Monoclonal antibodies in human organ transplantation and auto-immune diseases

Therapie. Jul-Aug 1992;47(4):283-7.

Abstract

The usefulness of monoclonal antibodies (mAbs) in the transplantation field has become evident over the last couple of years. Different mAbs have been used as a prophylactic treatment after transplantation, in a therapeutic way against acute organ rejection and new diagnostic tools to predict clinical rejection immerge. One can even hope that with humanised mAbs or human mAbs obtained by repertoire cloning the formation of human anti-mouse antibodies will be solved although on the one hand this appeared not to be a big problem and on the other hand anti-idiotypic antibodies can still be expected. However, the most puzzling question is how the mAbs modulates the immuno-response and this not only in organ rejection but also in auto-immune diseases. Only one out of many CD25 mAbs with seemingly similar epitope recognition can be used in therapeutical treatment of acute Graft versus Host Disease. The same mAb is not, however, very efficient in the prophylactic treatment of kidney transplantation without association of suboptimal doses of cyclosporin A. Another example is a CD4 mAb which is efficient in the treatment of polyarthritis with no side effects but which provokes transient but clear side effects when used in psoriasis or multiple sclerosis patients. A second CD4 mAb with high inhibitory activity in several bioassays compared to the first CD4 mAb has no beneficial effect at all on polyarthritis. Also the question why there is a percentage of "no response" patients among apparently identical "good response" patients remains unanswered. However it becomes clear from these experiences that: 1) mAbs recognizing a similar epitope and being of the same isotype will not automatically have the same effect in therapy. 2) side effects may be depending of the disease treated. 3) the activities of mAbs in bioassays and even animal models very often do not reflect the in vivo situation in human. 4) efficiency of the treatment with mAbs can be increased by a better understanding of the mode of action and increased efficiency can be expected by association of several mAb or mAb with drugs for the "no response" patients and should be the next step in the therapeutical use of mAbs.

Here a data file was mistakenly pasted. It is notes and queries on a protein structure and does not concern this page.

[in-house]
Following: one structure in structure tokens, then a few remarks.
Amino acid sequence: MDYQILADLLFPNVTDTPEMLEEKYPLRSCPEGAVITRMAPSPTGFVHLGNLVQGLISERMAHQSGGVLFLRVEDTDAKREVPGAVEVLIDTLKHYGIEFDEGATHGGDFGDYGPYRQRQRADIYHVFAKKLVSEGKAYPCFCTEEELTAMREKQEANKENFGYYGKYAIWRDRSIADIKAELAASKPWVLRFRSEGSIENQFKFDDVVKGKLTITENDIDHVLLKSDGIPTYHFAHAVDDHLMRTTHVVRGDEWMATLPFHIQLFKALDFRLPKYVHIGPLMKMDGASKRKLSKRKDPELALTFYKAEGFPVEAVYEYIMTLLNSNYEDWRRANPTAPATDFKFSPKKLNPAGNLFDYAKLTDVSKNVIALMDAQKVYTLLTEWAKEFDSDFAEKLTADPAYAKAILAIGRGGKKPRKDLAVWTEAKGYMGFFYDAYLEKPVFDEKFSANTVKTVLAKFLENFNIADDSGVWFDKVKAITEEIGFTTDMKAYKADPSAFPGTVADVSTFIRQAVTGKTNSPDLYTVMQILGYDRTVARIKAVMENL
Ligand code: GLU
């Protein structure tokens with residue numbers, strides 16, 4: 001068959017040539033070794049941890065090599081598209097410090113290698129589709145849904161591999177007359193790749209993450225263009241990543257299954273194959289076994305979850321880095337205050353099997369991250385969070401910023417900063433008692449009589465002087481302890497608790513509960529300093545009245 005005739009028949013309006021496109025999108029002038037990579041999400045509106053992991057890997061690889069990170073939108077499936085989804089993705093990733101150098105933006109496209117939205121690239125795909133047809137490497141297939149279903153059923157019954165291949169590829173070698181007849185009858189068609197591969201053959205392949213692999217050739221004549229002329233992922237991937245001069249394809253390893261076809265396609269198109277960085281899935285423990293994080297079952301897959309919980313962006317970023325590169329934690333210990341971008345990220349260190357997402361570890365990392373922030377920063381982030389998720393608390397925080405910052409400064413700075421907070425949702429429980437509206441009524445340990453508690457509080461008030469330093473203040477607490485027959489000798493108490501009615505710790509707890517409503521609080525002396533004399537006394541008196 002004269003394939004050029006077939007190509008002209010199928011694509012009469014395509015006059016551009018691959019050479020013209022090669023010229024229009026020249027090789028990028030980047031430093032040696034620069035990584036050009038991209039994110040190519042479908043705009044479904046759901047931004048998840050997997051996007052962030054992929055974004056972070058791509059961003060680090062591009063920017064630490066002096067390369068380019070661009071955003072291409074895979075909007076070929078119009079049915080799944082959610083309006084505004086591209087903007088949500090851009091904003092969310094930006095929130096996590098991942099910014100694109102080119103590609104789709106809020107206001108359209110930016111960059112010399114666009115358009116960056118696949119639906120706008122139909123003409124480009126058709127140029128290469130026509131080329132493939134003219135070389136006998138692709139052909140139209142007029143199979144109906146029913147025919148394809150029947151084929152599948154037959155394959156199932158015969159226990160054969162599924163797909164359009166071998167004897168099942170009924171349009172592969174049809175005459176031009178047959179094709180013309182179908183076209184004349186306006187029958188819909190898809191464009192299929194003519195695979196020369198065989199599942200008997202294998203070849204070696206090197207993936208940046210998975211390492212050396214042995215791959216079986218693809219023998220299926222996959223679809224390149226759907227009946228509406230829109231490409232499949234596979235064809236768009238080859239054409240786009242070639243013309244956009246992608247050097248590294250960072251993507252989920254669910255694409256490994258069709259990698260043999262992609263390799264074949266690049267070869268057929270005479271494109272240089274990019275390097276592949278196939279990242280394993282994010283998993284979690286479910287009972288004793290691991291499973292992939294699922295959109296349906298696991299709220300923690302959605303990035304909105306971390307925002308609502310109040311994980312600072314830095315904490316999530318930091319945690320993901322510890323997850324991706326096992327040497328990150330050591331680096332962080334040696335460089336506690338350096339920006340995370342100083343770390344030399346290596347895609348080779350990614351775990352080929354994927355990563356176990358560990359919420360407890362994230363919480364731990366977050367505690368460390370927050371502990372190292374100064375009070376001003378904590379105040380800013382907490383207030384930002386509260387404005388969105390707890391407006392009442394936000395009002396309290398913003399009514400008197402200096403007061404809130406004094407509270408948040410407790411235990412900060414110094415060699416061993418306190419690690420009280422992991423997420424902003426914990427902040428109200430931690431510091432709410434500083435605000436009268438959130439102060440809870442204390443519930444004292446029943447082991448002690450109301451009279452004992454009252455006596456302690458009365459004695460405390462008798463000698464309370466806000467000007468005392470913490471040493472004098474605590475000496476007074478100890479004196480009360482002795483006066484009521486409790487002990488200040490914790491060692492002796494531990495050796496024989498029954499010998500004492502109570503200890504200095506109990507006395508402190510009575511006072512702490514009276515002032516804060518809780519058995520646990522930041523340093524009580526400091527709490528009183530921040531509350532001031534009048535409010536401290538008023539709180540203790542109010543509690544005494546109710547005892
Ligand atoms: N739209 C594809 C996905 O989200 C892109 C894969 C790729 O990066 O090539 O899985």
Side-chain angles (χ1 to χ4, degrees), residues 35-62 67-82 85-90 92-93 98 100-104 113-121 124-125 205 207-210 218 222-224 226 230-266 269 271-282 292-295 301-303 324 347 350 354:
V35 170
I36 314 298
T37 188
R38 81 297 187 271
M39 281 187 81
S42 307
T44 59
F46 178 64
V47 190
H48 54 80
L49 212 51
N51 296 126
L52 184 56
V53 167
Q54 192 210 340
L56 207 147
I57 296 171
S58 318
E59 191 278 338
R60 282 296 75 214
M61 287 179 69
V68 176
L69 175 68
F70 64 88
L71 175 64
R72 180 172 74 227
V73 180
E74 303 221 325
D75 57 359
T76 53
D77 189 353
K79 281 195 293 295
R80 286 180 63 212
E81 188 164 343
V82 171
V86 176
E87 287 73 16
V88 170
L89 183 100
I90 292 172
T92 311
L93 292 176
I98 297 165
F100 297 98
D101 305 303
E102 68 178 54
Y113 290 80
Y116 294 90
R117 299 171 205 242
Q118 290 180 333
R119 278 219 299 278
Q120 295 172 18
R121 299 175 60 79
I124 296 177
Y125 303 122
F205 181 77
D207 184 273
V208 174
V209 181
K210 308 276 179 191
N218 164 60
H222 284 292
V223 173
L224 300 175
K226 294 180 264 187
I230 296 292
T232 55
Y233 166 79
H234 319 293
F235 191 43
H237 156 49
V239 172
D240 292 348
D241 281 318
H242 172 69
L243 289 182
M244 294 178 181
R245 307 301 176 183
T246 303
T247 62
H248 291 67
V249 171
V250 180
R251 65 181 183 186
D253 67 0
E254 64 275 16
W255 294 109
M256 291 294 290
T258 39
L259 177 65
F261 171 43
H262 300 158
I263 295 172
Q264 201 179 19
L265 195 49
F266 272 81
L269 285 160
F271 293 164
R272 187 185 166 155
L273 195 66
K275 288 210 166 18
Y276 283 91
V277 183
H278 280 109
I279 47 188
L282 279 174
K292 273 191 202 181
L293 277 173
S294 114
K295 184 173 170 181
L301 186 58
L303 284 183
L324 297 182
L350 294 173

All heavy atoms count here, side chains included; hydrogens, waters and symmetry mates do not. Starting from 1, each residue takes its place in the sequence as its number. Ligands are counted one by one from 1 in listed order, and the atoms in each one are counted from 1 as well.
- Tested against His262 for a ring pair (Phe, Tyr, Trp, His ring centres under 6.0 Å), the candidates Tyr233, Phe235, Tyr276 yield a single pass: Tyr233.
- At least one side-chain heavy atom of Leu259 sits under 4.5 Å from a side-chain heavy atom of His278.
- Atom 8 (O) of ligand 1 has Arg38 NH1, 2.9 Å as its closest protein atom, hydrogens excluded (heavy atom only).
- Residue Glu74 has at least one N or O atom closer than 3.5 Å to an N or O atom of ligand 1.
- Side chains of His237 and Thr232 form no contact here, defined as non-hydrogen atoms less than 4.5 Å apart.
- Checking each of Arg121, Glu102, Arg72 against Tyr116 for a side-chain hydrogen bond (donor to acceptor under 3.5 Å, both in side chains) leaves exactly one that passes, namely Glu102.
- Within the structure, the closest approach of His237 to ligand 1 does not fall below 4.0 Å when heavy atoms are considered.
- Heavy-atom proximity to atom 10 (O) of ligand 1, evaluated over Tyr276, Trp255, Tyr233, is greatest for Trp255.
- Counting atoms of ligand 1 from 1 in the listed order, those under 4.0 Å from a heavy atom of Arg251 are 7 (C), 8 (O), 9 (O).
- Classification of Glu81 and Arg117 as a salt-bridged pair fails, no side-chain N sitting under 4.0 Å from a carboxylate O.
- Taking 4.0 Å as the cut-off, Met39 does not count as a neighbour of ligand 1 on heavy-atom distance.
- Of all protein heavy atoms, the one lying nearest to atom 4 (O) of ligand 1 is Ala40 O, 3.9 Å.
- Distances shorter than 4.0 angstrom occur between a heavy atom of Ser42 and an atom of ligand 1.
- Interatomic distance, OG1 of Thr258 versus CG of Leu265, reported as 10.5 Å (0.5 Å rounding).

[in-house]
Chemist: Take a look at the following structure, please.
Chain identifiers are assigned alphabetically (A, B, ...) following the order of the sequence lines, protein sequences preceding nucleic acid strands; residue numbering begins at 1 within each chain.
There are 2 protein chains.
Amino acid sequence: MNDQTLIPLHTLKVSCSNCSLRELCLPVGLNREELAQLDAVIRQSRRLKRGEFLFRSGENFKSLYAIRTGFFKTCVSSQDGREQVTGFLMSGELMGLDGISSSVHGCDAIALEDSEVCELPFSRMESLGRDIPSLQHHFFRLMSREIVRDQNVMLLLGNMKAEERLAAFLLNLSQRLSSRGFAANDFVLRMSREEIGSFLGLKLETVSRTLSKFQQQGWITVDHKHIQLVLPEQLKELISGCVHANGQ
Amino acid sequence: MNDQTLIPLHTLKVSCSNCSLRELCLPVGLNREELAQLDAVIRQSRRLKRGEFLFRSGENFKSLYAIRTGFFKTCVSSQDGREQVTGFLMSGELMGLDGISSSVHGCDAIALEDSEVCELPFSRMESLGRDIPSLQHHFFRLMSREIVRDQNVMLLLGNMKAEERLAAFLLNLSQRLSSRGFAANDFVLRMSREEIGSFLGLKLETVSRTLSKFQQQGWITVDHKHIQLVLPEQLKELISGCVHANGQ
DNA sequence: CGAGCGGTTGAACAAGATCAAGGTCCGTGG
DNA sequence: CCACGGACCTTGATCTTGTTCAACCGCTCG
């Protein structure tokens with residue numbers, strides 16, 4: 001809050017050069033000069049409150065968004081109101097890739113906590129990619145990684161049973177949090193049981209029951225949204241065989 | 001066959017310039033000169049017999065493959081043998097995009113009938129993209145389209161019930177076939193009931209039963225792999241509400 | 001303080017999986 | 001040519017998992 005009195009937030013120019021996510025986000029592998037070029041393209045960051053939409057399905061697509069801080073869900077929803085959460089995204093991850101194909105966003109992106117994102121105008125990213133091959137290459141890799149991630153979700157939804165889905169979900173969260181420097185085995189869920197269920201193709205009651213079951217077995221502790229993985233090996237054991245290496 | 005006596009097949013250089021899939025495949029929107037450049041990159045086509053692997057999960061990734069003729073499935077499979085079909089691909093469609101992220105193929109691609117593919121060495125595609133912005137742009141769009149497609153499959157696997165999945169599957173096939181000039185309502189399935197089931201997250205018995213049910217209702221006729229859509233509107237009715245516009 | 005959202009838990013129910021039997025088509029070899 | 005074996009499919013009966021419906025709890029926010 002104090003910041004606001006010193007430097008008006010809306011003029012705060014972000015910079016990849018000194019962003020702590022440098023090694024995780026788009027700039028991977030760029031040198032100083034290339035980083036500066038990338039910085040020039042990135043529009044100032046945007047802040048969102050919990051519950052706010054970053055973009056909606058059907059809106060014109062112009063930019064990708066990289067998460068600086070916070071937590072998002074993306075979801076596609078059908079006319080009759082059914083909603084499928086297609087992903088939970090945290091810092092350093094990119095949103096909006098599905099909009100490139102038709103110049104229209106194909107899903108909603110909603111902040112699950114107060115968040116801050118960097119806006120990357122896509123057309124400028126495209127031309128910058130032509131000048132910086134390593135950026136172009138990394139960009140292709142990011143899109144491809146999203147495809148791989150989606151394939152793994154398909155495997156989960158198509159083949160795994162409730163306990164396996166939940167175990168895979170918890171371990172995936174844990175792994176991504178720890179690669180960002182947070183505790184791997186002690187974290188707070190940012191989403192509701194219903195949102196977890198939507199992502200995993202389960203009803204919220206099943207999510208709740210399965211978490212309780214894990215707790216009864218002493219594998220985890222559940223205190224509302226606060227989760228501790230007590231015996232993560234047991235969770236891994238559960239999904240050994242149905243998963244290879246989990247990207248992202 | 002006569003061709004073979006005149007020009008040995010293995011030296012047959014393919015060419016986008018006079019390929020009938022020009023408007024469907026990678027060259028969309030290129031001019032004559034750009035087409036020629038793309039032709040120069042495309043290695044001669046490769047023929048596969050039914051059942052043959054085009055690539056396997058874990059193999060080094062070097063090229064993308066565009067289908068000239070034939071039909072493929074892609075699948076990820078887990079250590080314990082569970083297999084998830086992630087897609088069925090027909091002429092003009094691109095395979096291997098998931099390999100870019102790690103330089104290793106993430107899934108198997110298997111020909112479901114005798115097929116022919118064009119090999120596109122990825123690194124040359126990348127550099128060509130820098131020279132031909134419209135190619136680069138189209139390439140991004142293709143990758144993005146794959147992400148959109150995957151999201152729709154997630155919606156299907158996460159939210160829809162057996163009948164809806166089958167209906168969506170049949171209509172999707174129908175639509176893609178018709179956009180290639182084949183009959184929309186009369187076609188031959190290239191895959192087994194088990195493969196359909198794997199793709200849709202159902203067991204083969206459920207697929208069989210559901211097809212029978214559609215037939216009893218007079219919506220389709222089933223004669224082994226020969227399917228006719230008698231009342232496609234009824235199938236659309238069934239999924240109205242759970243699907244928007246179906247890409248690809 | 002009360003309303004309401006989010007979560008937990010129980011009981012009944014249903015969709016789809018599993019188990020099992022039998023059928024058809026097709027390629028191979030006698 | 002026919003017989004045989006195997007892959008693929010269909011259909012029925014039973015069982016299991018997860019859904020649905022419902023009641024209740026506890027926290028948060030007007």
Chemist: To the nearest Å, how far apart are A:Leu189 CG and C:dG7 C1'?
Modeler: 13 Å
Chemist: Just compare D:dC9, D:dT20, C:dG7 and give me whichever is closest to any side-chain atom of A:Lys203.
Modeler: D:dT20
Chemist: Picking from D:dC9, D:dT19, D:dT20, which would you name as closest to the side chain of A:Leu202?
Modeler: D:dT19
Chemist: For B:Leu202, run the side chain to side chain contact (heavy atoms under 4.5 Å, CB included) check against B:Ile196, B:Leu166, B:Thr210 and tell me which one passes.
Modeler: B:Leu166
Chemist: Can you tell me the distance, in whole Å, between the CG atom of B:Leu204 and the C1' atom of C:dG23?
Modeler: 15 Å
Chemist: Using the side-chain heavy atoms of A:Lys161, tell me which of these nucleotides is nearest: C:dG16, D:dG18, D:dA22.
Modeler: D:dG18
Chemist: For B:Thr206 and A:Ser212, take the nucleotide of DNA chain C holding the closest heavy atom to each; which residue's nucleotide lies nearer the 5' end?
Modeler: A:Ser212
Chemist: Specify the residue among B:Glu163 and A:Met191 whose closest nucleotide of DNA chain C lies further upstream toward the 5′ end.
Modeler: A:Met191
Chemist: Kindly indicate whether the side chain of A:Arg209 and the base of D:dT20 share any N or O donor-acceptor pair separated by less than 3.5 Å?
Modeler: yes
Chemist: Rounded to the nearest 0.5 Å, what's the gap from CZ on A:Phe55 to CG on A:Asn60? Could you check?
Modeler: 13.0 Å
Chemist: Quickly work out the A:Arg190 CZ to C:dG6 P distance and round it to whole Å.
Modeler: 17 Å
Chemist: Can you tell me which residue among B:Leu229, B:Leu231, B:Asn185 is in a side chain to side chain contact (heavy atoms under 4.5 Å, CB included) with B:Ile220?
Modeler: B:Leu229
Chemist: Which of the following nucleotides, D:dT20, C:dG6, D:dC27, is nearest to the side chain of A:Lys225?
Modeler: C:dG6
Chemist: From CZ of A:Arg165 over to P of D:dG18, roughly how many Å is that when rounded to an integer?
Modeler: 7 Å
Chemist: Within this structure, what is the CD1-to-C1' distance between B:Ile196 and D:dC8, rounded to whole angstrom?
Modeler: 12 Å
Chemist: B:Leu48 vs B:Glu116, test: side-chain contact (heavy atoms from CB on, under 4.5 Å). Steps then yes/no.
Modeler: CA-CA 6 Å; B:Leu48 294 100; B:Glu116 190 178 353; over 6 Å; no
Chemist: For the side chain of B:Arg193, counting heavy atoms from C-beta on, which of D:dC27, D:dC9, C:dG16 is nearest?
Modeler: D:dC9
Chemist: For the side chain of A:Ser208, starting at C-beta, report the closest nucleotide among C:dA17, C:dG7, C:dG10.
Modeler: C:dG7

Publication types

  • Review

MeSH terms

  • Animals
  • Antibodies, Monoclonal / immunology*
  • Antibodies, Monoclonal / therapeutic use
  • Autoimmune Diseases / drug therapy
  • Autoimmune Diseases / immunology*
  • Graft Rejection / prevention & control
  • Humans
  • Transplantation Immunology*

Substances

  • Antibodies, Monoclonal